DOXA 2019 review: Merata: How Mum Decolonized the Screen

(New Zealand)

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      There's so much here to recommend. Her most well-known achievement was the 1988 film Mauri, the first-ever feature directed by an Indigenous woman, but Merata Meti's entire life and career is covered in this doc, made by Hepi Meti, the youngest of her six children.

      He was born into a relatively peaceful situation, the one son Meti had with celebrated New Zealand filmmaker Geoff Murphy. Prior to that, the wickedly intelligent woman from a tiny Maori village courted outrage and received condemnation for her fearless choices both personal and professional. As Hepi notes, Mum's life seemed uncannily entwined with the political arc her country was taking, and filmmaking, it seems, was a matter of destiny. Her 1983 doc Patu!, about the notorious tour of New Zealand by South Africa's national rugby union team, the Springboks, made Merata (and her children) a target of the government, the cops, and violent racists. But she became a giant abroad.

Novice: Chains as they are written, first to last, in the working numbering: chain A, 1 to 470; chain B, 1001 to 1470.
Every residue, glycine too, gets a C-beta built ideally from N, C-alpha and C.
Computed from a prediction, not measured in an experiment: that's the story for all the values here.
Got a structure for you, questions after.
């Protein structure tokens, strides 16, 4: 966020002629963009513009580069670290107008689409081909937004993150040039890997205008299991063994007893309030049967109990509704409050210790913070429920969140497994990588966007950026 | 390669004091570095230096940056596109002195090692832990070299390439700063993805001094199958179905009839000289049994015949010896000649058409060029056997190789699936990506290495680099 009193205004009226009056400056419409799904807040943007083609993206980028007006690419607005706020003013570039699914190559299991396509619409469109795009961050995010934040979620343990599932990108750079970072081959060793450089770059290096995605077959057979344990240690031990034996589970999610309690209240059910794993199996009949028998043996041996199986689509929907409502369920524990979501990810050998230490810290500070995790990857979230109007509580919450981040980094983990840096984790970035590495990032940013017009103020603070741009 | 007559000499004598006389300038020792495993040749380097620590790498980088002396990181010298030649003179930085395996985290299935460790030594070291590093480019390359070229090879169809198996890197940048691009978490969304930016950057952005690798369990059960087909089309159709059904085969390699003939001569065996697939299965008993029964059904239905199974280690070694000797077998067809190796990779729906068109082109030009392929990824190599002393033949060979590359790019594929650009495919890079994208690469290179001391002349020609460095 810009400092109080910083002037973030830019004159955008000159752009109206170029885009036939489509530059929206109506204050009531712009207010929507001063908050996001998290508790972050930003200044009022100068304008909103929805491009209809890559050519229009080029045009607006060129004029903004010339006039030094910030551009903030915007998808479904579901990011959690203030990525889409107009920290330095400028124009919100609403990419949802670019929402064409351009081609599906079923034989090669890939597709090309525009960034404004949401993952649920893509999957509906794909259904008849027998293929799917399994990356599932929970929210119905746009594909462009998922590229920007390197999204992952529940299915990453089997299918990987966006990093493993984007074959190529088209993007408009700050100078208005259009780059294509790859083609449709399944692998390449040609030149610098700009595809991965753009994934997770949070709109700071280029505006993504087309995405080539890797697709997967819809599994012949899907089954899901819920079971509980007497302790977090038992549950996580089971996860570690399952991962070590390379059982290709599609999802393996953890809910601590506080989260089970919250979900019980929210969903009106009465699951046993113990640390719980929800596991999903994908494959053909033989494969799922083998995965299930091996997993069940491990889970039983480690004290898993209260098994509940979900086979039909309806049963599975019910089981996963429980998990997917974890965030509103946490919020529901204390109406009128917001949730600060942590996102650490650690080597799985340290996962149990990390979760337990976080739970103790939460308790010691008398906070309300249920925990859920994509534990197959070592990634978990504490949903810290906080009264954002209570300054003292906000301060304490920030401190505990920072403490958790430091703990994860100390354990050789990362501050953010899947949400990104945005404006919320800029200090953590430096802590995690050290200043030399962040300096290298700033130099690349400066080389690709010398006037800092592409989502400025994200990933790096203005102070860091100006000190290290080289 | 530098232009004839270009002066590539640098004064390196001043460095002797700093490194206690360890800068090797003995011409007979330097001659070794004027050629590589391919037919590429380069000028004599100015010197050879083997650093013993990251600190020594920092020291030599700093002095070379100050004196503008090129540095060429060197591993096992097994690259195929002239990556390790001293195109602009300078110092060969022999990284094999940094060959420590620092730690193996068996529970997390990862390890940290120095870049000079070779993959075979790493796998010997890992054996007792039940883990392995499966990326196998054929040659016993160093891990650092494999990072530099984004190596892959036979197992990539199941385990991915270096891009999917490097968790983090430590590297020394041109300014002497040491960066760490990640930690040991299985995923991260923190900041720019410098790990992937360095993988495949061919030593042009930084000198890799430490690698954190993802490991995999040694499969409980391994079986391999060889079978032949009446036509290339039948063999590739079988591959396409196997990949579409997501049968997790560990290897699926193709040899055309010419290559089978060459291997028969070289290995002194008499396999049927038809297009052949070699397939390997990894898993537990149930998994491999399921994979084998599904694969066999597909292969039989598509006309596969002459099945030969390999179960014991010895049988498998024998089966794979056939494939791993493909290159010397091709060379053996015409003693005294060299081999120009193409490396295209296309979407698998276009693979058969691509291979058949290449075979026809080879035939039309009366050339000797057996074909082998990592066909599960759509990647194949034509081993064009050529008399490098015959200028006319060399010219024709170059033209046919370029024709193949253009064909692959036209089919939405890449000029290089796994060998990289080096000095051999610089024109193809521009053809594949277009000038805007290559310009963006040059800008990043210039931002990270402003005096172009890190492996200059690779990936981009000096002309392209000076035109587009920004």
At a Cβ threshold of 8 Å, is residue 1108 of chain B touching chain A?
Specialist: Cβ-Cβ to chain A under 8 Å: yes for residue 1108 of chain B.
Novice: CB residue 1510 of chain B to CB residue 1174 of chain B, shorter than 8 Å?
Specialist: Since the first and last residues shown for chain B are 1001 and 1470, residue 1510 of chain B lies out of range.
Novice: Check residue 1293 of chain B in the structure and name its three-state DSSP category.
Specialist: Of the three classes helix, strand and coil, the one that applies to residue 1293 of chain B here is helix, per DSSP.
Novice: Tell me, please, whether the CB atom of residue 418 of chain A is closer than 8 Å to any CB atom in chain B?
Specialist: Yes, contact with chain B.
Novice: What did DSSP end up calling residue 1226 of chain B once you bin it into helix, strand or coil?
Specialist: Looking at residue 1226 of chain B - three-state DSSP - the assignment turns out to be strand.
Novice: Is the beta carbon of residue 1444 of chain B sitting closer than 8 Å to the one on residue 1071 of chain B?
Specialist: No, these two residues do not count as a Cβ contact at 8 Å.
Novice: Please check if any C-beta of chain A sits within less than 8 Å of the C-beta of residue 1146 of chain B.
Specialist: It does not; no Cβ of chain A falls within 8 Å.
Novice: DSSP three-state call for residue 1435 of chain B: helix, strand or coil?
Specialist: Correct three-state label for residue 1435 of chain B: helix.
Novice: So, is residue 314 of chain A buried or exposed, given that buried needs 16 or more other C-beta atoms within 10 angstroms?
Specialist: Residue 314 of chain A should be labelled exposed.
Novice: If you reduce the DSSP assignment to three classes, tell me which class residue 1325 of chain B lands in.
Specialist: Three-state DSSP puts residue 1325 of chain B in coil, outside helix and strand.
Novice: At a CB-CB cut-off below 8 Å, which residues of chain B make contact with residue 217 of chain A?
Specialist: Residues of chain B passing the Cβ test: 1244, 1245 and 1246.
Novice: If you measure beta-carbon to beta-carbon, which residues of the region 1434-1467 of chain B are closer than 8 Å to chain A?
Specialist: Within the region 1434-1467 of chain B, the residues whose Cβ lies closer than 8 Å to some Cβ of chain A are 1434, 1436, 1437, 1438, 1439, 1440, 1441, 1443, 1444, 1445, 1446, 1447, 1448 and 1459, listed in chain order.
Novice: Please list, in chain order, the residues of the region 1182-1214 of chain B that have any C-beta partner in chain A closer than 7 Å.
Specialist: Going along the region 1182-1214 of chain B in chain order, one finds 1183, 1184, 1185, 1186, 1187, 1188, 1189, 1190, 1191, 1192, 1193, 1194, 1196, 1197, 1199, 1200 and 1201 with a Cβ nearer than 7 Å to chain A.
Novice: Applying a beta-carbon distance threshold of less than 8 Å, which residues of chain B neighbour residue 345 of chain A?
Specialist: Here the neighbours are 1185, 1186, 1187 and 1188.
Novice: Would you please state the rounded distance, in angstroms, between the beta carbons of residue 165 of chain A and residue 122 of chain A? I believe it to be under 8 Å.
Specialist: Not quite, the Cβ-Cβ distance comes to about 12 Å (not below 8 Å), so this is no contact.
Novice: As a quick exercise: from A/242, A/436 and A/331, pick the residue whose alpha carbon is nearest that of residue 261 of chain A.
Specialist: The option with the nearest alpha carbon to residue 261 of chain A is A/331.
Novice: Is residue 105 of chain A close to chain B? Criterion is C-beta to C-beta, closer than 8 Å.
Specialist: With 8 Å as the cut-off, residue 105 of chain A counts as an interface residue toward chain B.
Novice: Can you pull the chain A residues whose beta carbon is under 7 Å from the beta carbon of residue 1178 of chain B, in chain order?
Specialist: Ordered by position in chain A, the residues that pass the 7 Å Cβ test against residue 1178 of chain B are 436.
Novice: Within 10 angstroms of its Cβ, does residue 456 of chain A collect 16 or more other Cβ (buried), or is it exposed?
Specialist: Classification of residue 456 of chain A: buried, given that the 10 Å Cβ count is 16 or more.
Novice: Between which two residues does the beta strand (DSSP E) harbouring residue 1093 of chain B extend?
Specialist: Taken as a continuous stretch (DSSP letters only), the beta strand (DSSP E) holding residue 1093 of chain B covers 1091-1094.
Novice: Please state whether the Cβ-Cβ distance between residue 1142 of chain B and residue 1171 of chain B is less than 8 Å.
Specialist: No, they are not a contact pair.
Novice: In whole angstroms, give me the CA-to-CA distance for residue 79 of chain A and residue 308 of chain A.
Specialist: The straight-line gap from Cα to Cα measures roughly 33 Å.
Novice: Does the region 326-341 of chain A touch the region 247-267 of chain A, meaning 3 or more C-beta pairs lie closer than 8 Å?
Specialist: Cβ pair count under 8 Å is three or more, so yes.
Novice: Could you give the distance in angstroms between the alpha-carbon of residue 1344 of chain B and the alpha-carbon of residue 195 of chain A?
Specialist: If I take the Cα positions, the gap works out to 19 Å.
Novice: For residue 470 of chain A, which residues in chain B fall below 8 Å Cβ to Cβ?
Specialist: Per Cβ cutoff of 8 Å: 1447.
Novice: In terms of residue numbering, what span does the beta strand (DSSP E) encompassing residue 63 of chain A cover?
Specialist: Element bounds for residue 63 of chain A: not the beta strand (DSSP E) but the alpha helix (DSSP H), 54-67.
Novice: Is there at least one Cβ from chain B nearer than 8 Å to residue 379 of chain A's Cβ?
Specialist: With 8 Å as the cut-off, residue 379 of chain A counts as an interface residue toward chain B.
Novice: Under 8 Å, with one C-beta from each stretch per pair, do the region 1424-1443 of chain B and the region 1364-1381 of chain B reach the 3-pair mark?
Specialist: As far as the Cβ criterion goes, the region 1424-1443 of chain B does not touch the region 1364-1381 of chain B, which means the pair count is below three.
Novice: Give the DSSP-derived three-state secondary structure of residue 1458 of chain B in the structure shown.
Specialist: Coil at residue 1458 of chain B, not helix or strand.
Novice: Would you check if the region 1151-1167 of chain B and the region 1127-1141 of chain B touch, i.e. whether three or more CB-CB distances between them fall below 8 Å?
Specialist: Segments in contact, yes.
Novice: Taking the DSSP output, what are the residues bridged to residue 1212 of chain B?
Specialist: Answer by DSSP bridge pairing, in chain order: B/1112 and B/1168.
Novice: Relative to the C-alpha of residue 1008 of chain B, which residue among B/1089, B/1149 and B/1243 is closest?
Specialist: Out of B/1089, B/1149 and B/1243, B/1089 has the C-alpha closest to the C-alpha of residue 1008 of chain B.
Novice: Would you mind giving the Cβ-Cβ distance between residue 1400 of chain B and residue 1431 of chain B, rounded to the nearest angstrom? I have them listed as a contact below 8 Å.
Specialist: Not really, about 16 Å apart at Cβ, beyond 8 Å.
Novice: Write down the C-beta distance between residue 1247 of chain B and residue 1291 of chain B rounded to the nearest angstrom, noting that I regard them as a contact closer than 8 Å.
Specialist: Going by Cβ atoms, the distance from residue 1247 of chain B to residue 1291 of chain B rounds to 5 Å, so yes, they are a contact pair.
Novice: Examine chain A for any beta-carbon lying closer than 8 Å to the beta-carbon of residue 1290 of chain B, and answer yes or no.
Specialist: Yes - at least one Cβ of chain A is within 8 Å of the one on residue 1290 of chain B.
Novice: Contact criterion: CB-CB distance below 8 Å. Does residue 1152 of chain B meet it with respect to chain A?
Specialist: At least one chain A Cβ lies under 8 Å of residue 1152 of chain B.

As for the film's title, Alanis Obomsawin and Taika Waititi among others are on board to testify to Merata's blinding influence and success in that particular mission. Don't miss it.